What is it about pets that make them so therapeutic? It's a question I've asked myself before, having benefited from family furry friends and from spending time with other people's pets too. You might have posed the same question yourself. After all, animals are now routinely used in geriatric homes and hospital wards to lift people's spirits.
So, if the health benefits of pets are known to professional caregivers, then the healing power of pets should not come as a surprise in domestic situations. Pets will often show signs of grief if they're separated from owners and sometimes display even deeper connections, such as knowing when we're in pain or danger.
Of course, one of the key parts of the curative power of pets is that they love us in an unconditional way that human relationships rarely achieve. So, what does the latest research tell us about the health benefits of having a pet around the home?
Scientific research into the healing power of pets has been ongoing for decades. Most new studies focus on just one or two health benefits of pets but many researchers would agree that the advantages of pet ownership are multi-faceted in terms of healthcare. Let's take a look at some of the latest research.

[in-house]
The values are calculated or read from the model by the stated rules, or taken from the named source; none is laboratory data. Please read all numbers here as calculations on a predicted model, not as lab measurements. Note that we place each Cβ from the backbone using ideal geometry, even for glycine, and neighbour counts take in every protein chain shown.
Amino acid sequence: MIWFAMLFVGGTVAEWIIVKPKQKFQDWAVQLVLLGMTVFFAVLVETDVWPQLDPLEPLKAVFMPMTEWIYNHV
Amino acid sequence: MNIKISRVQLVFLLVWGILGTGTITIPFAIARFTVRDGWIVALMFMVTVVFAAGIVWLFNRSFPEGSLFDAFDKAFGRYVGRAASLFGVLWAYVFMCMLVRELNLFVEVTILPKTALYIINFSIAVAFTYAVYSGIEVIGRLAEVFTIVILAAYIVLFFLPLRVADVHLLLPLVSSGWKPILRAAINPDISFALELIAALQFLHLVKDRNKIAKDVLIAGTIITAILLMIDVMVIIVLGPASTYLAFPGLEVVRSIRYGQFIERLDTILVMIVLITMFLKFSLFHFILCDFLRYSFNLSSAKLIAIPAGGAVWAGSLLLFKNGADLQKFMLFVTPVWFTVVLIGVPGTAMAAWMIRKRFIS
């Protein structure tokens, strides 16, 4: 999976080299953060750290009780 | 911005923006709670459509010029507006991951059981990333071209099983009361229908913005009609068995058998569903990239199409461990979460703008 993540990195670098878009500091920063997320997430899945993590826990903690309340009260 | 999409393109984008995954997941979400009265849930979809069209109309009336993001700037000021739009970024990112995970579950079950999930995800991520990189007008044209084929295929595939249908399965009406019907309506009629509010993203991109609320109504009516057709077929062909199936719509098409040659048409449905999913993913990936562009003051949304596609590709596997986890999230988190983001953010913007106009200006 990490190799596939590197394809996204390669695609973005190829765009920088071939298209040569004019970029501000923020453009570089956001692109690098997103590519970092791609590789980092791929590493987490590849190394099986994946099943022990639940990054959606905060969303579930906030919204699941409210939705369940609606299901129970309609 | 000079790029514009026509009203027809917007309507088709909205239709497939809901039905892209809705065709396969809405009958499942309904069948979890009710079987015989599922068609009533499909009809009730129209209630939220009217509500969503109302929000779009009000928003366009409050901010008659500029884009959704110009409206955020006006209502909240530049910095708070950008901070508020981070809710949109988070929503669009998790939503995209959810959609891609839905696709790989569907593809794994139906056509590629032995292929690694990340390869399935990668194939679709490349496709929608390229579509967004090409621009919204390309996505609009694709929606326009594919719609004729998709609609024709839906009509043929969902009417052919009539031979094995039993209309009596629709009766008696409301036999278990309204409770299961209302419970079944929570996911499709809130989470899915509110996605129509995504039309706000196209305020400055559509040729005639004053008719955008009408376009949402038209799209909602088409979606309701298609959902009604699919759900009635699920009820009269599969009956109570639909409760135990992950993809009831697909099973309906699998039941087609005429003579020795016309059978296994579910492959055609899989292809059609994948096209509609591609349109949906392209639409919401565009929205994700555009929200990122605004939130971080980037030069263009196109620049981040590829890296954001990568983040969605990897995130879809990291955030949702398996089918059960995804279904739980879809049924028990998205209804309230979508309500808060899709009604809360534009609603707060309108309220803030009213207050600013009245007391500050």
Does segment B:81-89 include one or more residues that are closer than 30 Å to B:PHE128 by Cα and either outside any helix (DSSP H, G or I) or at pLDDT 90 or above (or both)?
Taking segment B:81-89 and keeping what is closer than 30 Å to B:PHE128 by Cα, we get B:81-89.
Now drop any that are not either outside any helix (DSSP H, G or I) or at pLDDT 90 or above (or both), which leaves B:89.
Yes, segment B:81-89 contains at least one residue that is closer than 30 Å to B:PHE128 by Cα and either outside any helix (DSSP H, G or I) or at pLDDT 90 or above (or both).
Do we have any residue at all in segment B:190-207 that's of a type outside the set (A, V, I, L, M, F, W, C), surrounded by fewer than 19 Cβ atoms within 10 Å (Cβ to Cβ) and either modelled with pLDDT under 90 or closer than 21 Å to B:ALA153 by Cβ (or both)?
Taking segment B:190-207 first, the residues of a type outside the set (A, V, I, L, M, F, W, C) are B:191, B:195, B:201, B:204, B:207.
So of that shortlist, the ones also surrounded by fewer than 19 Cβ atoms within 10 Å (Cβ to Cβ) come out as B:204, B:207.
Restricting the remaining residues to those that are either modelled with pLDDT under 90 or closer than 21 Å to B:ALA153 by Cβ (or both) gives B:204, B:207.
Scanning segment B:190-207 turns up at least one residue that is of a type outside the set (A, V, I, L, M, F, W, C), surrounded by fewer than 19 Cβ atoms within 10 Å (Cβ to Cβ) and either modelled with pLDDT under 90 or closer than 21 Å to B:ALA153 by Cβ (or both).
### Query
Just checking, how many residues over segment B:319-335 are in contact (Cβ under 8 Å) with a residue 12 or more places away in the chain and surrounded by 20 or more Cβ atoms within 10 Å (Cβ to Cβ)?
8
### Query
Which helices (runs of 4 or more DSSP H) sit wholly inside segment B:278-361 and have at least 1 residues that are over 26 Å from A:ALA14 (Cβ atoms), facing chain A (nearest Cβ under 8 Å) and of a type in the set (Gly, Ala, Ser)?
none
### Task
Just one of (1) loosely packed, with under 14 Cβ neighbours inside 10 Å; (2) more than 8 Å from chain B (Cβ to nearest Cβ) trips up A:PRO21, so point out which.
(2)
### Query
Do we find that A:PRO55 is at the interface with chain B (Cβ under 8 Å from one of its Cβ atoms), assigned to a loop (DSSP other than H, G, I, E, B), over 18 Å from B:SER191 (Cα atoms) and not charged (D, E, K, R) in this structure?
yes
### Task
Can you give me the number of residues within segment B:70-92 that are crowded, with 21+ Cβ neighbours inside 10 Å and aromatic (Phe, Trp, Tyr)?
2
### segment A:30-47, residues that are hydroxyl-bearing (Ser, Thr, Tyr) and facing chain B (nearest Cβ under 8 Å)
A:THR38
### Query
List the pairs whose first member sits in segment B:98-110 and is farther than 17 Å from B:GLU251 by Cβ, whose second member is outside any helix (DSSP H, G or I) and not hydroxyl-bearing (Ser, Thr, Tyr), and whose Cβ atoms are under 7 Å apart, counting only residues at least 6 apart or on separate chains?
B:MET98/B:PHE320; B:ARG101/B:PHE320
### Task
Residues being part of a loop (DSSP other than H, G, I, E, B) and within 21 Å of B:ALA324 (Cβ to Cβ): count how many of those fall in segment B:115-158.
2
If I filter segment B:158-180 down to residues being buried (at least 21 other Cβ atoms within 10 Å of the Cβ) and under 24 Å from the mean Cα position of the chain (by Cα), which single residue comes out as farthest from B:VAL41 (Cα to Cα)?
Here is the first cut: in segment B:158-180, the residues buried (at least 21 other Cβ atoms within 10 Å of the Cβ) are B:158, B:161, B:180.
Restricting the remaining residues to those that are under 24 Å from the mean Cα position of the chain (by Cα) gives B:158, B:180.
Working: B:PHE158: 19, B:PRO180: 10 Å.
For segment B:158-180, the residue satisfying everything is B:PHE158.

Many pet owners would gladly admit that spending time with their animal helps them to relax and keep things in perspective. Returning from a tough day at work to a welcome from your pet – which really doesn't care about work stress – can help you to instantly calm down.
Therapy dogs are used in hospital wards shutterstock/Monkey Business Images
A 2019 study into animal interactions and stress conducted at Washington State University found that students were much more relaxed if they interacted with animals prior to taking their exams. Most reported a heightened state of tension that was relieved when they spent as few as ten minutes with animals. Pet owners can expect even better results due to greater levels of companionship.
According to Allen McConnell, a professor of psychology based at Miami University, the healing power of pets is very real – enough to lower your blood pressure. McConnell, who studies the ways humans interact with their pets, says that owning an animal can give people a sense of purpose and belonging that augments feelings of positivity which translates to health benefits.